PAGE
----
Arizona sheriffs reaffirm support for Israel, local Jewish community
The Arizona Sheriffs’ Association reaffirmed their support for Israel and protecting the state’s Jewish community.
The events in Israel and Gaza have gained global attention since Hamas attacked Israel on Oct. 7. Critics have argued that Israel’s response to Hamas forces and civilians has been disproportional. Still, protests for both sides have continued around the world, sparking concerns about antisemitism.
“Unfortunately, the war in Israel and Gaza has given rise to crimes targeting Jews across the United States. Antisemitic attacks won’t be tolerated here in Arizona,” the letter signed by Yavapai County Sheriff David Rhodes and Navajo County Sheriff David Clause said. Rhodes and Clause are president and vice president of the association, respectively.
“As the leaders of the sheriffs offices around the state of Arizona, we stand against the recent spate of antisemitic criminal acts,” the letter added. “We also commit to defend the places of worship Jews frequent and investigate any threats against members of the Jewish community. We understand Jews remain targets of religious hatred and all law enforcement must stand up to protect these vital community members.”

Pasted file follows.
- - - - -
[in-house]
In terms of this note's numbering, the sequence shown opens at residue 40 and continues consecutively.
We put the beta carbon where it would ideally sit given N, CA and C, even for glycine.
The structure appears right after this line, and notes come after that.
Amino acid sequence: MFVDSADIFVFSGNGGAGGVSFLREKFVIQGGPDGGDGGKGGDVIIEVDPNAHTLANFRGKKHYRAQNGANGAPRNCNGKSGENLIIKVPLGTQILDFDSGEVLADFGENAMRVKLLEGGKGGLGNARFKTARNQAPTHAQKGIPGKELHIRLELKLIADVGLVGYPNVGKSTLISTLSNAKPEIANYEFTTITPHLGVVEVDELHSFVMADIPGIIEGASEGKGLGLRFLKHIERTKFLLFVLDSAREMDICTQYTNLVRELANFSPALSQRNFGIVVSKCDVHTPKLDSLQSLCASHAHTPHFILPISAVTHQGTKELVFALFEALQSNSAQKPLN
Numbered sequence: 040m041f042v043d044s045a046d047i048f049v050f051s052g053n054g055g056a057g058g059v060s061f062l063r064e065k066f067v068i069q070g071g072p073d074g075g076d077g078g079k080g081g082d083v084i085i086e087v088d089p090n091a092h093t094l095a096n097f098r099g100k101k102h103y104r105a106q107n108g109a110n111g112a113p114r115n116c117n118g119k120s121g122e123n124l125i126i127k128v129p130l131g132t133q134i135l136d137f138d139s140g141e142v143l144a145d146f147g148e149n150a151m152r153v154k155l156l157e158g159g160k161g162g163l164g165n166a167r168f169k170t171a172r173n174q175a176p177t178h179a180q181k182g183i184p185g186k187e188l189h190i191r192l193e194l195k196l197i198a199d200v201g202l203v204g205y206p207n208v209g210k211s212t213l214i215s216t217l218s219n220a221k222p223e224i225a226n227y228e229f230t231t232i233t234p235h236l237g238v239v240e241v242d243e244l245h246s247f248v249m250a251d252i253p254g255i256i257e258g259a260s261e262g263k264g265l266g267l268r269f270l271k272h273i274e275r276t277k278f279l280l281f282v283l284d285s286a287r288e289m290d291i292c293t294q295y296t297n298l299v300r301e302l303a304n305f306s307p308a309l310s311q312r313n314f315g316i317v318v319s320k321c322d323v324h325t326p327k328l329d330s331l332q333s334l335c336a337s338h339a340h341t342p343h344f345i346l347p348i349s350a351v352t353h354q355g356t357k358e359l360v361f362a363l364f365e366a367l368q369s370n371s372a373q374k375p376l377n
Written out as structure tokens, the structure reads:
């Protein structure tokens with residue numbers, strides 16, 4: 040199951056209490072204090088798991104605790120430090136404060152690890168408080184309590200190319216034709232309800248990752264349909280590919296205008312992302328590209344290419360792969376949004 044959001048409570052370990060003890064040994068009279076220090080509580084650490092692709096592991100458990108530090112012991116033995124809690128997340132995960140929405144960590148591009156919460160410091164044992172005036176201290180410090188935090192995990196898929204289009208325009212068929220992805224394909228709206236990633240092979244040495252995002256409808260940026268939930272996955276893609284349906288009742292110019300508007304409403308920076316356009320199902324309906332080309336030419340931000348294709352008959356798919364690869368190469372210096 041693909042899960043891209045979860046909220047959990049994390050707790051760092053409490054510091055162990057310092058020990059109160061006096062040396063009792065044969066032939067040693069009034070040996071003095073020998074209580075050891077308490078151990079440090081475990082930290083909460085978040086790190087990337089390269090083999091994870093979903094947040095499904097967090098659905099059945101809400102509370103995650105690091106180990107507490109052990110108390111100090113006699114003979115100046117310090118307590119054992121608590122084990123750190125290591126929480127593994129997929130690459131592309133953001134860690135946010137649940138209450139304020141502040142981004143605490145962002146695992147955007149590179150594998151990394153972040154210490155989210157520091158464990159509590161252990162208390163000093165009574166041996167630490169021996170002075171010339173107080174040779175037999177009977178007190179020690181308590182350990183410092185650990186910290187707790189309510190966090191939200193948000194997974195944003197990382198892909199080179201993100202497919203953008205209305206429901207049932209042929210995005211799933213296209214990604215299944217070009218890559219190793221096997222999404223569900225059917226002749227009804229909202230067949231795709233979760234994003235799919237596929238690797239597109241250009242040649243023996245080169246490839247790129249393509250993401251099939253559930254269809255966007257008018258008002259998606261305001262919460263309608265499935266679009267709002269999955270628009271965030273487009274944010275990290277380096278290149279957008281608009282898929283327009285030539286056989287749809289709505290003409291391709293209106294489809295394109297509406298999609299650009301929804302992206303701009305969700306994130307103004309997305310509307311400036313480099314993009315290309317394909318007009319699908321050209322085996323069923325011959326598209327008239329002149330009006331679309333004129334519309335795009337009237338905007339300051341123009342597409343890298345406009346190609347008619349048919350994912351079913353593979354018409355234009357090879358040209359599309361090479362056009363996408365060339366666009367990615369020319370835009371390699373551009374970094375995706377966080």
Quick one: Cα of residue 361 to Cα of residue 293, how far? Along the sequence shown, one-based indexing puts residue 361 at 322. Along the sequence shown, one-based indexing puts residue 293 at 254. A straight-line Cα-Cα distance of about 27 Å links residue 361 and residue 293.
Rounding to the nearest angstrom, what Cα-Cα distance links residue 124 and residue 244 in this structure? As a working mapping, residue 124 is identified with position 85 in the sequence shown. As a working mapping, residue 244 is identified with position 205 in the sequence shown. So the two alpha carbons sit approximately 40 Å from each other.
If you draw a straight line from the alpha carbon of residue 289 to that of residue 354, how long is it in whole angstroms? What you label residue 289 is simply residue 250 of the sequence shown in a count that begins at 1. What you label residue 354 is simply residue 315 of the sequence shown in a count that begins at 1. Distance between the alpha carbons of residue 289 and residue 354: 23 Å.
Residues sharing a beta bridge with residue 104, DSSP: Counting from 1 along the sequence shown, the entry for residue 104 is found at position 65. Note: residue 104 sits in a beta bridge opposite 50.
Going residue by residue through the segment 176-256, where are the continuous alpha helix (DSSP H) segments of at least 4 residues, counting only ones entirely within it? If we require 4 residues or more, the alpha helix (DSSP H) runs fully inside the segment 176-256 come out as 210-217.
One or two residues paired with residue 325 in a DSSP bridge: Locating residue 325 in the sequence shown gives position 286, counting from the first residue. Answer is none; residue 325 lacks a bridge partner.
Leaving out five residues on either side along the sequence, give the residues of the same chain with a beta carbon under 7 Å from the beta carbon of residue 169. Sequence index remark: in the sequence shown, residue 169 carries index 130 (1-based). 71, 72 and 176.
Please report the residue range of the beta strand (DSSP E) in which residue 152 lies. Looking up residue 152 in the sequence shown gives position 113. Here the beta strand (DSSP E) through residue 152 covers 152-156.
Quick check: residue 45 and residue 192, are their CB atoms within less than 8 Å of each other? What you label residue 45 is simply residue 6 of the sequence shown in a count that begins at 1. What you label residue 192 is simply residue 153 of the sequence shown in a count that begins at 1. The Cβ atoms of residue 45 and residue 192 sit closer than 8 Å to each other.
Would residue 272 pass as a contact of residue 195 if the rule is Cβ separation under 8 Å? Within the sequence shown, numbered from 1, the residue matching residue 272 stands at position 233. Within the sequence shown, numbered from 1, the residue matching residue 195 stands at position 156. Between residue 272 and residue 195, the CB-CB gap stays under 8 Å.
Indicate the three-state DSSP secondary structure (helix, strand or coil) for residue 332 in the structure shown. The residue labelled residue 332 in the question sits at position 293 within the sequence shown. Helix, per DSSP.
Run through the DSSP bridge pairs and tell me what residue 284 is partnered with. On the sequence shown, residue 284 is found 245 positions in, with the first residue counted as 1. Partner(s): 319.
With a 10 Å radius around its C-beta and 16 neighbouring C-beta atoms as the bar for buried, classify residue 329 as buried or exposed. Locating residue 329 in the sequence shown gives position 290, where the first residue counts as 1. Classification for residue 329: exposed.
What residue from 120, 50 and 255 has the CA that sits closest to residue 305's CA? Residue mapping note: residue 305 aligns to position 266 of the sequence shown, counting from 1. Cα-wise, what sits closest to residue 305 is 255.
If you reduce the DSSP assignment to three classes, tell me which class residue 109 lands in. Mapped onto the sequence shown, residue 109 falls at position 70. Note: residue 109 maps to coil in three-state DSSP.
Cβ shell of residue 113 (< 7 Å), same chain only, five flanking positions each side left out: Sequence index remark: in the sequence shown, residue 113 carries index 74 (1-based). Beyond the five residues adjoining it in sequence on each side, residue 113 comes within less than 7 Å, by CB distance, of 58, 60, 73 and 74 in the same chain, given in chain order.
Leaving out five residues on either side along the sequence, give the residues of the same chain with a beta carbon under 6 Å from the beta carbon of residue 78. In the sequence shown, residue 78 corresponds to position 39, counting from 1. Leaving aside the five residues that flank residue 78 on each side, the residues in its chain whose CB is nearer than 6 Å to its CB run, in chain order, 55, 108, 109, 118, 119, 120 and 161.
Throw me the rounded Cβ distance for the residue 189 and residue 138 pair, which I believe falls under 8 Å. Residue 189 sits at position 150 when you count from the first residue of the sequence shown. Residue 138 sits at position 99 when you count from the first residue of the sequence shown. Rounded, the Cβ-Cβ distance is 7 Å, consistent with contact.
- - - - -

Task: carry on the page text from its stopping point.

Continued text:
The letter of support was in alignment with the Jewish Institute for National Security of America. The group says it’s “dedicated to advancing U.S. national security interests in the Middle East, of which a critical pillar is a robust U.S.-Israel security relationship,” according to its website.
The law enforcement leaders also addressed the question of how civilian deaths are a significant part of the conflict.
“Israel’s right to defend itself isn’t up for debate. And while all innocent civilian deaths leave a mark on humanity, Hamas and its ghoulish cohorts created a battlefield that deploys civilians as human shields – intended to be put in harms way for publicity,” the letter states.
Arizona, specifically Maricopa County, has a notable Jewish population. An ASU study from 2019 estimated there are nearly 99,000 Jewish people in the area.
The Center Square reported in October that Phoenix law enforcement was increasing security at synagogues in the city.
Originally published in Washington Examiner.